Friday, April 17, 2015

Compassion requires action

Compassion is the heart of the Buddhist teachings. The Dalai Lama, head of one of the lineages of Tibetan Buddhism and the face of Buddhism to much of the world, says that the purpose of life is to be happy, and the way to attain that is to develop compassion.

"The more we care for the happiness of others, the greater our own sense of well-being becomes. Cultivating a close, warm-hearted feeling for others automatically puts the mind at ease. This helps remove whatever fears or insecurities we may have and gives us the strength to cope with any obstacles we encounter. It is the ultimate source of success in life," he says.

Compassion is listed as one of the Brahma Viharas, or Divine Abodes, along with lovingkindness, empathetic joy, and equanimity. While lovingkindness is defined as the wish for all beings -- ourselves and others -- to be happy, compassion goes a step further, seeing suffering and aspiring to end it.

Looking deeply at others' suffering may sound depressing, but the Dalai Lama says it's what gives us the ability to face our difficulties without getting swamped:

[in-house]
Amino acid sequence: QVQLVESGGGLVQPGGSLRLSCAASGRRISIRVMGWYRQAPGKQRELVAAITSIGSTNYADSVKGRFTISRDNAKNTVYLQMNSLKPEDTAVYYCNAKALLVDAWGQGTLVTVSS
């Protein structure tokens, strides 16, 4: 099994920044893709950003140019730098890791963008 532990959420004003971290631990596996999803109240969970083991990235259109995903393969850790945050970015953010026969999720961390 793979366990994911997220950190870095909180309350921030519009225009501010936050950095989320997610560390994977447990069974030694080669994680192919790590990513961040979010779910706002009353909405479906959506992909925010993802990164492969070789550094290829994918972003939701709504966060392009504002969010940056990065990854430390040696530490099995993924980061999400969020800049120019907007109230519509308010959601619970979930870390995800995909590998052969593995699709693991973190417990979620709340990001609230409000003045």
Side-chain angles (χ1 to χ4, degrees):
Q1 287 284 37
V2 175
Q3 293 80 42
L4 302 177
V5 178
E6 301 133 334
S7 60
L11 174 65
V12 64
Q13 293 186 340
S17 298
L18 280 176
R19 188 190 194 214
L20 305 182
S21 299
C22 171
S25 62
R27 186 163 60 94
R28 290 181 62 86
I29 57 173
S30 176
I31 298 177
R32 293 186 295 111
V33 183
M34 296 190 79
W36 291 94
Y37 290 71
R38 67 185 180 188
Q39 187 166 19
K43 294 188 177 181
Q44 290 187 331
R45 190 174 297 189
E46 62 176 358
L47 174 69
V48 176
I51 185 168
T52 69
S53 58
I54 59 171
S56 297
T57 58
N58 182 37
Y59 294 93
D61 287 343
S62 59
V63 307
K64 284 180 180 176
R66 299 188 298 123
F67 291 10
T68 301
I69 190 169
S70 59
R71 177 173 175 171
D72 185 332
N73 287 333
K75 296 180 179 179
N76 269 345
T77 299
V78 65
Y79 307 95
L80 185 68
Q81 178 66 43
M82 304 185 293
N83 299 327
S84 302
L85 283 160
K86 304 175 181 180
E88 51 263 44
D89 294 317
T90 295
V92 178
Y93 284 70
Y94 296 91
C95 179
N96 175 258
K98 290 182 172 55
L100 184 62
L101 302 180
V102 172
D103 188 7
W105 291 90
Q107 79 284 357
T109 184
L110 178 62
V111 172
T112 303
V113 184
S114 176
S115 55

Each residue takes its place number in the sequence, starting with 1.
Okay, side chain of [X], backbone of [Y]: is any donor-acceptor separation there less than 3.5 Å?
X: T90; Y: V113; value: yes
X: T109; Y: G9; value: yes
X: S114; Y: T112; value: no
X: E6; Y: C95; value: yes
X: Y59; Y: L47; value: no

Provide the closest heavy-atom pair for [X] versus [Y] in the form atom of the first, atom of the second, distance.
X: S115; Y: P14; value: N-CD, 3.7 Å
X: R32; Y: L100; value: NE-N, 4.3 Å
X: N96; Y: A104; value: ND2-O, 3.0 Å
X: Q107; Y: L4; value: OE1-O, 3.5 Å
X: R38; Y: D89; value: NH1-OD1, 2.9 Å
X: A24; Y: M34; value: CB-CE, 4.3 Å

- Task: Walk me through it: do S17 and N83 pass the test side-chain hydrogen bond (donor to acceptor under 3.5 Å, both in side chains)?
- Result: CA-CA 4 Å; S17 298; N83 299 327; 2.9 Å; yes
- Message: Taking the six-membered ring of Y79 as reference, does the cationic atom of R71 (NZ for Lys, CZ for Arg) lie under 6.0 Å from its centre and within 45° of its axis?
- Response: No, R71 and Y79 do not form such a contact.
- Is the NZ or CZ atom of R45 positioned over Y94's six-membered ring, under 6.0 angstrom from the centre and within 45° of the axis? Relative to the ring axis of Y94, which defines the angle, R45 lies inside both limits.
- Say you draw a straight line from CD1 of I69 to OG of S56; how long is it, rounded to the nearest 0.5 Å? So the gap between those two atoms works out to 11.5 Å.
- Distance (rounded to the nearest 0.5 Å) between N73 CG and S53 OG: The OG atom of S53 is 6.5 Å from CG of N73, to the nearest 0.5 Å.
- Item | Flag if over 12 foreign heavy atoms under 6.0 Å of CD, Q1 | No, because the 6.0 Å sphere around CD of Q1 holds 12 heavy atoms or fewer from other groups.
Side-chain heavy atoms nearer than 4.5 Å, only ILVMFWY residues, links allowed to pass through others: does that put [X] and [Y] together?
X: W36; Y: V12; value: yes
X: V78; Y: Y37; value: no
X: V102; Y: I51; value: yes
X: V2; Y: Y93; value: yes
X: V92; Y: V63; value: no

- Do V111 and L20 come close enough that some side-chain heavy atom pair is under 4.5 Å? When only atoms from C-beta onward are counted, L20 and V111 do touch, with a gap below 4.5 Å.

As long as we live in this world we are bound to encounter problems. If, at such times, we lose hope and become discouraged, we diminish our ability to face difficulties. If, on the other hand, we remember that it is not just ourselves but every one who has to undergo suffering, this more realistic perspective will increase our determination and capacity to overcome troubles. Indeed, with this attitude, each new obstacle can be seen as yet another valuable opportunity to improve our mind!
Thus we can strive gradually to become more compassionate, that is we can develop both genuine sympathy for others' suffering and the will to help remove their pain. As a result, our own serenity and inner strength will increase.

Compassion develops on three levels: aspiring (we see others' suffering and wish it could be removed); active (we take action to alleviate the suffering); and absolute (we see no difference between ourselves and others, and every action we take is for the benefit of beings).

How do we develop compassion? We allow our hearts to be touched. Compassion is sometimes described as being tender-hearted -- it's the "aw" we feel watching cat videos on the Internet or looking at pictures of babies; the tears that fall when we hear another's pain; even the anger at injustice. (Using anger as skillful means is a topic all its own.) There are specific practices in which we imagine exchanging places with another person or taking their suffering into our own hearts and transforming it.